How is the millennial mindset different to the generations' that came before?

4 trends defining the millennial employee mindset


By the year 2020, millennials will make up 42 per cent of the Australian workforce, according McCrindle Research. From there, their numbers in the workplace are only going to increase, meaning leaders of all stripes will need to understand how to understand and work with them (something management training can help with).

So what it is that makes millennials tick? How are they different to the generations that have passed through the workplace before them?

Opportunities for development

Millennials aren’t in their careers for the money or the prestige. Sure, those things can be motivators but according to Gallup’s ‘How Millennials Want to Work and Live’ report, what they really care about is progress and development in their careers.

Woman walking up stairs.Millennials want their employers to offer opportunities for them to develop, grow and advance in their careers.

They also report that millennials are more engaged when they receive frequent feedback and communication from their managers. This is not, as some stereotypes might suggest, for the purposes of handholding, but rather so that they can continue to improve and develop. After all, how are you supposed to get better if you’re unaware of what you’re doing wrong?


The 2017 Deloitte Millennial Survey reports that between 60 and 70 per cent of millennial’s employers offer them some form of flexibility with respect to their start and finish times, what they do (within guidelines) as part of their job and location from which they’re able to complete their work. These benefits are valued highly by millennials, with many of them reporting increased productivity, engagement and loyalty to their employer as a result. Not only that, they also said that the flexibility improved their personal well-being, health and happiness.

The further upside to flexible work arrangements is an increase in responsibility taken on by the beneficiaries. The survey reports that, in organisations where flexible working is very common, 34 per cent of millennials take “a great deal” of responsibility for their employer’s brand, compared with only 12 per cent who do so in less flexible environments.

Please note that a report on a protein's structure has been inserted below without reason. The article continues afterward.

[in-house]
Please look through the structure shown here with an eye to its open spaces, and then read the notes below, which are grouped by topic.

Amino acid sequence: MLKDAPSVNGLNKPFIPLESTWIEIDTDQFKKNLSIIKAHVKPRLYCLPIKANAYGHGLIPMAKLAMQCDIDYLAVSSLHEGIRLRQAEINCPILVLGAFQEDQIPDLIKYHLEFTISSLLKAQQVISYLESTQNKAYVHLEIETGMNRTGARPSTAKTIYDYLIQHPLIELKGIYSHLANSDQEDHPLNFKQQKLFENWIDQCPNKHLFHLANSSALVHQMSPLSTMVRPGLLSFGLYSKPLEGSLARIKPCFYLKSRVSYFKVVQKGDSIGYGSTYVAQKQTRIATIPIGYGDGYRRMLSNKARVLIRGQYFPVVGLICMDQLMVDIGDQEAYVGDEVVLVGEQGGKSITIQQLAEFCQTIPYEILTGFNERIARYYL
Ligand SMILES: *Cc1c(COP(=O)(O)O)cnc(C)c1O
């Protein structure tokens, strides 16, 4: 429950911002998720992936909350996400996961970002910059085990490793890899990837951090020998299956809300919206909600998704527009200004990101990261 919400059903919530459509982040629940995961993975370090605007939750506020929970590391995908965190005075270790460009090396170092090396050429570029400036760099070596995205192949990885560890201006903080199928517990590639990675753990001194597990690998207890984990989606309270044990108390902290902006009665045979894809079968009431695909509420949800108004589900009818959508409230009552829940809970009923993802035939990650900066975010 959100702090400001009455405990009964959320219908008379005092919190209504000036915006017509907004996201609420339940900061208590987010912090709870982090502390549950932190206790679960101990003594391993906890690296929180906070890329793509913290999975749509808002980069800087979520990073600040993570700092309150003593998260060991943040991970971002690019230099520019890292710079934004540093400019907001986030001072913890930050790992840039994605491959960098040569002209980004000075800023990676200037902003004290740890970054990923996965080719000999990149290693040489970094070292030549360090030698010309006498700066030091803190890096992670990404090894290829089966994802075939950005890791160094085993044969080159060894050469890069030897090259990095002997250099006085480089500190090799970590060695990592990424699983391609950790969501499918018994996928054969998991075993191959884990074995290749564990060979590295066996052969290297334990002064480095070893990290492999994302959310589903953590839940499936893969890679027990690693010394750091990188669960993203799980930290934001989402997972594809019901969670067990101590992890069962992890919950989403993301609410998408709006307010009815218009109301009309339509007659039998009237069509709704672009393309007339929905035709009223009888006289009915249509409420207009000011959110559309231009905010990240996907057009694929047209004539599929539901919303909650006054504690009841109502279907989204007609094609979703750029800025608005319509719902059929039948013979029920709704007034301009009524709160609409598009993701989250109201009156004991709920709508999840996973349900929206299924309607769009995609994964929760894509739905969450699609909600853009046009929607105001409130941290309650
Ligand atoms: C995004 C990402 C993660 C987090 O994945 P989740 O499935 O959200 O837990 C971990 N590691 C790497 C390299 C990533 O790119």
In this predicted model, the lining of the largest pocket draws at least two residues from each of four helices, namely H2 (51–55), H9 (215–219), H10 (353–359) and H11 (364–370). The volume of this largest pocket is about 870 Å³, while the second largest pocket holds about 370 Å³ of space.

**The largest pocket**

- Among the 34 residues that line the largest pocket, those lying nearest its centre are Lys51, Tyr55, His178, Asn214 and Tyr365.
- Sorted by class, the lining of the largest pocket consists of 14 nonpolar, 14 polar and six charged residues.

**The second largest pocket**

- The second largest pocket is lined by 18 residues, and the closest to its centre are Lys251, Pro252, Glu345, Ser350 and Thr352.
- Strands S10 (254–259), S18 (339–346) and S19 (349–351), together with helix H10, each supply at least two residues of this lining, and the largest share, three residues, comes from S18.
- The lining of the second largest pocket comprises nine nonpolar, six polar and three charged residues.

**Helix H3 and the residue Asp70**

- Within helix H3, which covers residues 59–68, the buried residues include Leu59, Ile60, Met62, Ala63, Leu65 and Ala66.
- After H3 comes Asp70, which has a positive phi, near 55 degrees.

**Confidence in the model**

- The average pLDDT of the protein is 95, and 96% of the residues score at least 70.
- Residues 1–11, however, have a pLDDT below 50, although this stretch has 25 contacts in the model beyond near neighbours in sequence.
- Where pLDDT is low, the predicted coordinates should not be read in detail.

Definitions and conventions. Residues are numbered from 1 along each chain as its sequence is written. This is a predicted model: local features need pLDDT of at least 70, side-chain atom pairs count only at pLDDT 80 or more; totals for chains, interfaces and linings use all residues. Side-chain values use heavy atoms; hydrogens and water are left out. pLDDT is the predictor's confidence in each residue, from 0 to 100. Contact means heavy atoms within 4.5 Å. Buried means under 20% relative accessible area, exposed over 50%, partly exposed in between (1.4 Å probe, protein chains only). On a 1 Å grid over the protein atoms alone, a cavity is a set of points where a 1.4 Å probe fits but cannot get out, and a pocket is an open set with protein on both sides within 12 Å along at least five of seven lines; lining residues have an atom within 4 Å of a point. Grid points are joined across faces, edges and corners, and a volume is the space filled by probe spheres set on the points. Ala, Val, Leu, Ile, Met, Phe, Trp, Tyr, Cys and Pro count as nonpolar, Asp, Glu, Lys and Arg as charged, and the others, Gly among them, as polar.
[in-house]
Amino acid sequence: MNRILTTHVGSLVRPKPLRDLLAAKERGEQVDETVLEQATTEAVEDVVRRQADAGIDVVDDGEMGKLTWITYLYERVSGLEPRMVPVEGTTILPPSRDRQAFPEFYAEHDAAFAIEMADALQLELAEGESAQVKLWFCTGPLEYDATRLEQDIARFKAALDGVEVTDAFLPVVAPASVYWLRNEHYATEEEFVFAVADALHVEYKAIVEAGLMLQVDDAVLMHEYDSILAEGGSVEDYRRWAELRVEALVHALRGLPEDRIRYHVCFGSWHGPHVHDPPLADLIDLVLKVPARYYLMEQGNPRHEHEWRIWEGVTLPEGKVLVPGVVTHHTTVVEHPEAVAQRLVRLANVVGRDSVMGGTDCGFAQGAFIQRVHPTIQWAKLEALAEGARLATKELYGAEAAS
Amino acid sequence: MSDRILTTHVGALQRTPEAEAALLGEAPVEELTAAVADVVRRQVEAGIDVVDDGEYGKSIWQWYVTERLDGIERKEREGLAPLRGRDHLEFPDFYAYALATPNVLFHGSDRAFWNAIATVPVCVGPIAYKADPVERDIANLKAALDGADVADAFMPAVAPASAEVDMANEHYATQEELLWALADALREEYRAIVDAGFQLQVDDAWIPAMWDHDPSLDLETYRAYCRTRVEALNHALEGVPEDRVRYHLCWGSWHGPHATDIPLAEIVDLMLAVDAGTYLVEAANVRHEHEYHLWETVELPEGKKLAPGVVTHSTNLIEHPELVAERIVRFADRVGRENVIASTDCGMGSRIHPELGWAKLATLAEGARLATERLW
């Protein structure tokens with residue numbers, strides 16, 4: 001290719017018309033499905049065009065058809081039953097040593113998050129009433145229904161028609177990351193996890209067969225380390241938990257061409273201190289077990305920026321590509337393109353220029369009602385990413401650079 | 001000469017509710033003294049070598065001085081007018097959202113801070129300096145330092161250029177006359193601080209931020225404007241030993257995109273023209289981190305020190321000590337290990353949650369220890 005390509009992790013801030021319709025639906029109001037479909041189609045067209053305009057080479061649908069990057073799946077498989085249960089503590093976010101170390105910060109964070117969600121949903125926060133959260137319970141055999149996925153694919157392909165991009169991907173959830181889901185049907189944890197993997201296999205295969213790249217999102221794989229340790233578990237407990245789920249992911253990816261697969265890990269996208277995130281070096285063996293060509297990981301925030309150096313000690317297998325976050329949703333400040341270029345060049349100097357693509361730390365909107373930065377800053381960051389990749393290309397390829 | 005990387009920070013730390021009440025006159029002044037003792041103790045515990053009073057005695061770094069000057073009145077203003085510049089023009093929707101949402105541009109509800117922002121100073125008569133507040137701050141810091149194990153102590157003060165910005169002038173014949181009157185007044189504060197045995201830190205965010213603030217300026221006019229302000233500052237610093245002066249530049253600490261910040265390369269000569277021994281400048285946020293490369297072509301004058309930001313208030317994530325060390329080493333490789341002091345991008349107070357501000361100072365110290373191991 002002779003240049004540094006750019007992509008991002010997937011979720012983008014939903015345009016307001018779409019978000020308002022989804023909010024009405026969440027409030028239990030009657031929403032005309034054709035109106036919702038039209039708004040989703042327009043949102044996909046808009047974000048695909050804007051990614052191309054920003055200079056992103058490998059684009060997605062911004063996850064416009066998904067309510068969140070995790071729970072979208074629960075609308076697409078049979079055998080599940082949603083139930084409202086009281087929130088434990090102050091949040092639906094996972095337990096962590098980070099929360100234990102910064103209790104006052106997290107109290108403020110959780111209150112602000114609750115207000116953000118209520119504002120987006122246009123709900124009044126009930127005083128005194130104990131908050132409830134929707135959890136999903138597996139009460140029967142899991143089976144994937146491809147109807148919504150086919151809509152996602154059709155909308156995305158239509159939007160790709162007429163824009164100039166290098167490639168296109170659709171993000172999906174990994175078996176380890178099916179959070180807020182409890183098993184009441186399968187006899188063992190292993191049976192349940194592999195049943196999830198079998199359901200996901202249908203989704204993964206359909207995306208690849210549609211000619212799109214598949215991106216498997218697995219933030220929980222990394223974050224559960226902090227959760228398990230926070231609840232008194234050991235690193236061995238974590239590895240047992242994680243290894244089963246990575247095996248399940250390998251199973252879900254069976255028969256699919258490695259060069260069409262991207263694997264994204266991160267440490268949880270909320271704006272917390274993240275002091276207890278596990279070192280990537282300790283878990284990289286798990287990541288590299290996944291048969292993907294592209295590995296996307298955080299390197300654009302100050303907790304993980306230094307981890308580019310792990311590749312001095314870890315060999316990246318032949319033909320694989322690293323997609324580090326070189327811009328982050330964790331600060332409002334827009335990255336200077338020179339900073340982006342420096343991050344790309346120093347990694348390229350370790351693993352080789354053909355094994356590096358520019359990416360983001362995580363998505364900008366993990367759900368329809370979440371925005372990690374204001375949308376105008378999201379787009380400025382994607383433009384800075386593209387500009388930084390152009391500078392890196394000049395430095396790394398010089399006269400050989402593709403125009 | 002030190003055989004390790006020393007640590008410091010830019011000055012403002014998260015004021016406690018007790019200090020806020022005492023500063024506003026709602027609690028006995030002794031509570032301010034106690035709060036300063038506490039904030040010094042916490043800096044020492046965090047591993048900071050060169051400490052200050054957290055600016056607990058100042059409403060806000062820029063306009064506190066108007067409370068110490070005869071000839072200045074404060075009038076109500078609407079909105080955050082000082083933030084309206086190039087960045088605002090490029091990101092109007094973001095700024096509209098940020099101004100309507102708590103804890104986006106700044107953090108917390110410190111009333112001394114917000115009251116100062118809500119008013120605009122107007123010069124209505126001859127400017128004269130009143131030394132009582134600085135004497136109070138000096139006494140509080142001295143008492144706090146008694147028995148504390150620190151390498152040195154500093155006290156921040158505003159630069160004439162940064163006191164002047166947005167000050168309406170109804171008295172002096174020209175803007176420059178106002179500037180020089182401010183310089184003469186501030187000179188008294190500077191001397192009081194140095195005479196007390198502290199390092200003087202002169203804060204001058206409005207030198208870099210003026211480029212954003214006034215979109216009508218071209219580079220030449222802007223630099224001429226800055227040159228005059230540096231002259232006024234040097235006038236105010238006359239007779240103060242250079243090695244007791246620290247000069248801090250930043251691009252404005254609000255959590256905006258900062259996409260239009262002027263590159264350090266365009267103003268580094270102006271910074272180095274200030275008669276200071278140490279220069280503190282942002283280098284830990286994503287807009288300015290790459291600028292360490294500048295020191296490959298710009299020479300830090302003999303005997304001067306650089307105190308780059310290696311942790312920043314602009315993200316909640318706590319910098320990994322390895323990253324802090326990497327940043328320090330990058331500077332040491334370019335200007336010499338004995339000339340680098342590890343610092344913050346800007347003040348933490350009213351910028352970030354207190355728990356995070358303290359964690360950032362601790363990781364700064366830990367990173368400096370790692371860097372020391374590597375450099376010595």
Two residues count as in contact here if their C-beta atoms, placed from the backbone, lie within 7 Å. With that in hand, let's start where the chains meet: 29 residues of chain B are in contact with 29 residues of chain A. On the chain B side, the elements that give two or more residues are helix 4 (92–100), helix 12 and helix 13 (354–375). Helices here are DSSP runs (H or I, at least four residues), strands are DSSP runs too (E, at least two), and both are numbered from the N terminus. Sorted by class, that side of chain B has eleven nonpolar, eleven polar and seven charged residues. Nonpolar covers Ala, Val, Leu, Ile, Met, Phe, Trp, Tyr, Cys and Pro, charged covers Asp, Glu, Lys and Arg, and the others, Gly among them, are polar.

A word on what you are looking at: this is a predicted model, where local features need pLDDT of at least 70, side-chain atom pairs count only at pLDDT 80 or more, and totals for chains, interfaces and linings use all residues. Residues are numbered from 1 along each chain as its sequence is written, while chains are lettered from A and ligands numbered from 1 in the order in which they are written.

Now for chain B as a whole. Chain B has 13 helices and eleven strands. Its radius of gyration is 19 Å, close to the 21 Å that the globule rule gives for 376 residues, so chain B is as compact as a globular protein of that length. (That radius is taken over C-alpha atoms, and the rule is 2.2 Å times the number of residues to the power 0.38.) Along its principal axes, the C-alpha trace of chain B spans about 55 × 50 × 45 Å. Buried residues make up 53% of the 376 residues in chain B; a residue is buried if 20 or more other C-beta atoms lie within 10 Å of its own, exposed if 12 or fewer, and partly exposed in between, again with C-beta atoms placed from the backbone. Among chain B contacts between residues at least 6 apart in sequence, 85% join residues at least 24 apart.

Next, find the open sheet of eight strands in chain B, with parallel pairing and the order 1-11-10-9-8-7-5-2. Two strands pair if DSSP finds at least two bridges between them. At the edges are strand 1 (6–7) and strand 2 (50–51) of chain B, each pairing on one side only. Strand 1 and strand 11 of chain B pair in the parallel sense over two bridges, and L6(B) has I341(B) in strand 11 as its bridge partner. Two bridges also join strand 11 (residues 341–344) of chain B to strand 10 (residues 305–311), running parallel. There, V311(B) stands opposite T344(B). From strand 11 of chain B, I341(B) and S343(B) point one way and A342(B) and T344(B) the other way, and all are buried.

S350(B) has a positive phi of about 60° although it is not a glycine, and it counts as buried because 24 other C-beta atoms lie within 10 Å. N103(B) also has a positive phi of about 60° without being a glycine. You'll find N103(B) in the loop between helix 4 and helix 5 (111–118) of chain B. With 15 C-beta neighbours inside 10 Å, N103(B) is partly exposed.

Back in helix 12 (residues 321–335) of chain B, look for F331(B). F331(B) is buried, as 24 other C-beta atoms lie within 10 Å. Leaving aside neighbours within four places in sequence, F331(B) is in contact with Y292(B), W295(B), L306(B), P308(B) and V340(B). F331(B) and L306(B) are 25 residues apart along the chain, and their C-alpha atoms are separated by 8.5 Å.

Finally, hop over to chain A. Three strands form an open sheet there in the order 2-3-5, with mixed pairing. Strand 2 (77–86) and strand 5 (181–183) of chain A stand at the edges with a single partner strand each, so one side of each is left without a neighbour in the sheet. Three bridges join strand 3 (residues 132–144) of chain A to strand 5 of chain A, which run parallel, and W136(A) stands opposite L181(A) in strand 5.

Meaningful work

Millennials are not happy doing meaningless work – they want there to be a reason behind what they do, and they’d like to know it. Gallup reports that the majority of the millennial generation is not engaged at work – they’re checked out, just showing up to get their paycheck without having any passion or excitement for the job.

Woman drinks coffee while working at her laptop.Millennial employees want to find meaning and purpose in their work – otherwise they’re at risk of being checked out.

This shouldn’t be taken as evidence that millennials aren’t willing to work hard; it should be taken instead as a challenge to employers to make their work more compelling and engaging. When millennials are engaged and feel their work has meaning, the Deloitte survey found they reward their employers with greater loyalty.

Support and appreciation

For the millennials, it’s much more important for them to be supported and appreciated by their managers and co-workers than it is to just receive a large paycheck. This is not to say that millennials can be underpaid, but rather that they’re less willing to put up with an emotionally unfulfilling environment, even if it pays well.

Millennials will very soon become the largest generation in the workforce, so now is the time to increase your leadership and management skills. ICML offer a range of leadership and management courses in Melbourne. Whether it’s coaching for performance, leading change or recruiting and selecting for success, you’re sure to find a program in our offerings that fills one of your skills gaps. For more information, get in touch with a member of the ICML team today.

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